My initial support for the Lower Churchill development's most recent incarnation was based on my personal belief that it makes sense to put money made from dwindling non-renewable resources into long term investments that will produce revenue and opportunity for generations to come.
Muskrat Falls' significant costs and potential for cost overruns, and its momentous fiscal/political/policy implications, mean the government would be wise to consider using a democratic tool which has only been employed on four occasions in our history.
I believe that a direct vote by the electorate is needed before the project is sanctioned. Only a referendum, following the so-called Gateway Three analysis, would give proponents the moral and political authority to proceed on this issue of major fiscal and political significance.
Newfoundland and Labrador has a history of using direct democracy to settle weighty political issues. Two referenda were held in 1948 to settle the Confederation question. In 1995 and 1997, a direct vote by the people provided government with a clear mandate to amend the Terms of Union to disband the denominational education system.
At this point, fair or not, the decks are stacked. The huge PC majority will exercise its constitutional power in the legislature to proceed. The gateways, the ring-fenced public hearings and the MHI review are all window dressing for a political agenda. A debate in the House of Assembly will be a dog and pony show, with little sideshows playing out on open line.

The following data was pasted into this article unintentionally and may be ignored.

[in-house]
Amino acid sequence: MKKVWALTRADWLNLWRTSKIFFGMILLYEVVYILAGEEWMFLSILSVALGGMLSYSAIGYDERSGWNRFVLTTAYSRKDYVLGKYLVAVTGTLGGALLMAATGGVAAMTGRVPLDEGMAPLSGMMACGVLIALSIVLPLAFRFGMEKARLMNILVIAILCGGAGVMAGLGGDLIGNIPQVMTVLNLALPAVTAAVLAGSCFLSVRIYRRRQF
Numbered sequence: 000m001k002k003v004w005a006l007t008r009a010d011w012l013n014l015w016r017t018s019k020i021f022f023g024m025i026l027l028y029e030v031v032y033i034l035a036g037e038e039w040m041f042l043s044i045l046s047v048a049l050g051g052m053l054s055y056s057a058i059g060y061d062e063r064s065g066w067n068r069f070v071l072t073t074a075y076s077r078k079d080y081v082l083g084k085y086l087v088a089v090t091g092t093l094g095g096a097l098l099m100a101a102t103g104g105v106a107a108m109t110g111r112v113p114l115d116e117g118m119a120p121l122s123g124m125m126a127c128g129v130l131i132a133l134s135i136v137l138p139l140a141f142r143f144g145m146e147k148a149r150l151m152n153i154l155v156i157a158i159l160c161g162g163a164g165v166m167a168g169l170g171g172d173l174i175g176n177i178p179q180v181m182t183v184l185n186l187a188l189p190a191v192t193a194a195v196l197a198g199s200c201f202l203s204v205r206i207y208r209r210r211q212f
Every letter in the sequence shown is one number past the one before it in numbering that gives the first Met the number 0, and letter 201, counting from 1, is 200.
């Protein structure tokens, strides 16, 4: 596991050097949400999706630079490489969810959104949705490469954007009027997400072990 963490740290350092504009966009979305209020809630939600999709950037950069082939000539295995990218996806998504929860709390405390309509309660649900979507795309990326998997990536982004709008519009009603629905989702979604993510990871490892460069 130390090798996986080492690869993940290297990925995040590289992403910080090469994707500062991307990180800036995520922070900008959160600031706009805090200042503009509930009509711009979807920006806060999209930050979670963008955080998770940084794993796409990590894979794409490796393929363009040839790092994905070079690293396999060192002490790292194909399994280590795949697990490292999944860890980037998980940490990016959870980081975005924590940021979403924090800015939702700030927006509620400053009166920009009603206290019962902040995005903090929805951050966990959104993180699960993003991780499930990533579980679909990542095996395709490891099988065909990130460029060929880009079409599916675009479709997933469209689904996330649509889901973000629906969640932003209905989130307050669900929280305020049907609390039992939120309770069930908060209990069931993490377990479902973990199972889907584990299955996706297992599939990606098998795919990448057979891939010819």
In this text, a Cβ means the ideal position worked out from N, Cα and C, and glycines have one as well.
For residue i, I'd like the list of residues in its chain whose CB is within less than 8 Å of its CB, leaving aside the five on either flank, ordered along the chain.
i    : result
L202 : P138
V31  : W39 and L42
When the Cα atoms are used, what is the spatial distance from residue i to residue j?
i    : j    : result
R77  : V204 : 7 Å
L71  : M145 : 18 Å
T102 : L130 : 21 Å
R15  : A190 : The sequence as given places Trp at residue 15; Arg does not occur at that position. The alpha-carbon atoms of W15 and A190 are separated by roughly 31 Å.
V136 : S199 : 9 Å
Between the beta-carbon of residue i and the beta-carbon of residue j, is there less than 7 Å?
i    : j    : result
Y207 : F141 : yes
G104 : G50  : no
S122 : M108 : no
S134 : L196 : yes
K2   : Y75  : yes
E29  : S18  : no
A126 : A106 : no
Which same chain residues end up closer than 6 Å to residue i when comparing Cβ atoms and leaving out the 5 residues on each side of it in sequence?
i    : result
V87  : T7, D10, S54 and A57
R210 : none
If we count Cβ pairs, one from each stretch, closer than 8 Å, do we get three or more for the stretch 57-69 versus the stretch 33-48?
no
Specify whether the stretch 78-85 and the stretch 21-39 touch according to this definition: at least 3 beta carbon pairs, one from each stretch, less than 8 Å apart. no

At this point, I honestly believe that a majority of citizens lean toward supporting the proposed deal. Reasons vary from transferring non-renewable windfalls to a renewable generator of revenue for generations to come, to unlocking the physical barrier to markets personified by Quebec.
I also think, however, that the vast majority of people want to be better informed, to be more confident that this is the right way to go. Folks just do not feel that they have all the information they need. Of course, opponents may never feel comfortable.
The Premier should consider showing bold leadership by allowing each and every one of us the opportunity for a direct say in the redistribution of our province’s wealth. She could borrow a page from Premiers Wells and Tobin and hold a national referendum to settle the issue.
A final vote after an informed debate would clear the air once and for all on the single most important public investment since the construction of the Newfoundland Railway.
Sure it might be expensive. Democracy costs money. We have the ability, the need and the infrastructure to ensure that everyone in this province is not only consulted but registers their vote.
All that is needed is a commitment to direct democracy and leadership.